Sunday, Sept. 15, 2002

Scott Giannou's Porsche 911
Scott Giannou's Porsche 911 before the start.
I can't remember the last time I've had so much fun... and the Targa Newfoundland rally hasn't even begun yet!

As with any new event, there seems to have been a wait and see attitude among potential competitors. There are only 25 teams entered for the Targa stages, consisting of 35 stages over five days of rallying, all on paved roads. An additional 11 teams will run the closed roads as a TSD rally, getting to experience the driving pleasure at a sedate speed. In all the course is 2200 kilometers long, with 450 km. of stages!

But there are several teams from Australia who are veterans of Targa Tasmania, the event that Targa Newfoundland is patterned after. Jerry Churchill is here with his One Lap of America Dodge Viper. There is a 1938 Alfa Romeo Mille Miglia Spyder, the only Historic category car on the list. Just over half the entries for the Targa Stages are in the Classic category, up to 1977; several Ford Falcons and Mustangs, Porsches, Volvos and a 1967 Acadian Canso (the Canadian version of the Chevy II Nova). Among the Modern cars is one with true rally history, Taisto Heinonen's 1982 Toyota Celica, driven here by Ralph and Diane Grant.

Pre-Targa prep at Mile One Stadium Organizers have not gone into this lightly. They have the backing of the Provincial government and a long list of sponsors. Over the past few weeks they have trained 1800 volunteers about how to work a rally. That is no misprint... 1800 volunteers! It has been a very long time since there has been motorsports on The Rock and the residents want to be a part of the action.

Friday and Saturday were arrival and registration days. Most of the cars were scheduled to arrive on the overnight ferry from Nova Scotia, in time for registration on Saturday morning. However, Hurricane Gustav postponed the ferry for about 12 hours, so the bulk of the cars did not arrive until late Saturday. There was some scrambling to get through registration and tech inspection so teams could participate in the welcoming reception thrown by the host city of St. John's. Lots of local delicacies among the hors d'oeuvres... ever tried Cod Tongue?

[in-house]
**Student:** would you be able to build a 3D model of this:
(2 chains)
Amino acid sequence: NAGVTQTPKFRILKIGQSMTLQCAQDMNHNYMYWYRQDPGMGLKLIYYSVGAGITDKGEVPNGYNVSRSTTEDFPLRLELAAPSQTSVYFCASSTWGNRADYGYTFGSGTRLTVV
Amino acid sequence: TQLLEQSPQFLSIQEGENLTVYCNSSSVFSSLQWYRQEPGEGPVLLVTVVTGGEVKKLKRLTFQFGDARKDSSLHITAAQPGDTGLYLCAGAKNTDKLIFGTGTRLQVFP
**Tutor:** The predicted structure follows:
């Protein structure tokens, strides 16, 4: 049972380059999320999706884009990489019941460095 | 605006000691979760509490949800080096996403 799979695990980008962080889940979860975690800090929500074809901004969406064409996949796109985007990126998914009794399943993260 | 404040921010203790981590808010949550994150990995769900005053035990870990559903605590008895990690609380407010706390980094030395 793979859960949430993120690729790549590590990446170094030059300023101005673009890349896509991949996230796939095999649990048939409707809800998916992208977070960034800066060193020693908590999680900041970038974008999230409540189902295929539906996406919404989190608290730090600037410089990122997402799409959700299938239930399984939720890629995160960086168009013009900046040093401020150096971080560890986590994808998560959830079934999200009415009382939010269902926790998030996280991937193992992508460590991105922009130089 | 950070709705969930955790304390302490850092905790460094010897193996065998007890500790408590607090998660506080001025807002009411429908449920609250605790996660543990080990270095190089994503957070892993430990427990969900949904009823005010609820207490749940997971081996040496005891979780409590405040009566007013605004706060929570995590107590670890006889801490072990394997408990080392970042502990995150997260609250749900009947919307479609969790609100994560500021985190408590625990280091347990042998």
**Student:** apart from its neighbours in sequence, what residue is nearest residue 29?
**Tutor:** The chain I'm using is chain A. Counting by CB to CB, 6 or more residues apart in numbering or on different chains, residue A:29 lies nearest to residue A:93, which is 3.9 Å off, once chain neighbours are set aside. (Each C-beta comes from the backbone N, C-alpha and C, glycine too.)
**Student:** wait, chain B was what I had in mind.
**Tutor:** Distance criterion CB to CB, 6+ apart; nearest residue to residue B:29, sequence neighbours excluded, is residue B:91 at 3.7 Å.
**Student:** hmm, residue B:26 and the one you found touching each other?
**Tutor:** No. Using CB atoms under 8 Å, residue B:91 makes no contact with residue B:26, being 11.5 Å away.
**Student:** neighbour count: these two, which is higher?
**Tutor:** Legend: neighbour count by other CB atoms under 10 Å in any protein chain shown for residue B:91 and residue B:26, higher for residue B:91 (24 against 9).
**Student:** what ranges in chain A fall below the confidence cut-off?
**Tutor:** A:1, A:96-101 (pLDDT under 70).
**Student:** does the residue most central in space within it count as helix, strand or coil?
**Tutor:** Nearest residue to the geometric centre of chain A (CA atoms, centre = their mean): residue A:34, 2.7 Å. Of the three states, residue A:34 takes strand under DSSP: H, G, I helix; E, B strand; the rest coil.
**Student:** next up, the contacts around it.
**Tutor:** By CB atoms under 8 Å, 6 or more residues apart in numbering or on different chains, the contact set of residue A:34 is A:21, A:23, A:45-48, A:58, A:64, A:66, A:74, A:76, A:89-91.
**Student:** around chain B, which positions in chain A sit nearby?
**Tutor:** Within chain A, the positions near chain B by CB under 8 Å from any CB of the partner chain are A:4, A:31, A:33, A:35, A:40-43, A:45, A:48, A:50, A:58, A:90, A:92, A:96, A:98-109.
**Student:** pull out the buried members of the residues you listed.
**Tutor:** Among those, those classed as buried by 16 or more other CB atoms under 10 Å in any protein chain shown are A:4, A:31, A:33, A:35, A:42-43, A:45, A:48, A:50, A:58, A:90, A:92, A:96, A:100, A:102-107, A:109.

Sunday was the first competition, though not really part of the overall competition. Called "Demonstration", it was a 1.8 km. stage around the Confederation Building. Several streets were closed off, the local Police did a pre-opening sweep of the course, then the assembled 36 teams took a couple of laps of the course. Each driver had to complete five runs of the autocross-style course to demonstrate to the officials that they were competent to run the rally.

Mark Williams works on his Ford Falcon Rally SprintFive-time Canadian Rally Champion Tom McGeer left them wondering when he slid co-driver Mark Williams' beautifully prepared 1964 Ford Falcon Sprint wide at the finish line, hit a curb and put the car up on two wheels. That ended the McGeer/Williams effort for the day, but hopefully not the rally. The body damage was minimal, but a rumored broken rear axle could keep the team up very late making repairs.

Jud Buchanan's Acadian Canso Demonstration
Jud Buchanan's Acadian Canso The crowd mills prior to the Demonstration
There were no other incidents, and the remaining cars made it back to Mile One Stadium for some TLC and close-up viewing by the public. Most were bathed then locked up for the night, while others were given some last minute attention.

Organizers had scheduled a barbecue at a local restaurant, just one more item on the seemingly full schedule for the rally competitors and workers.

Action really begins on Monday with the Prologue stages. Results on these two stages will help organizers seed the drivers based on their ability. The first is 8.95 km, the second 6.77 km. In between is a two hour lunch break at Beachy Cove School.


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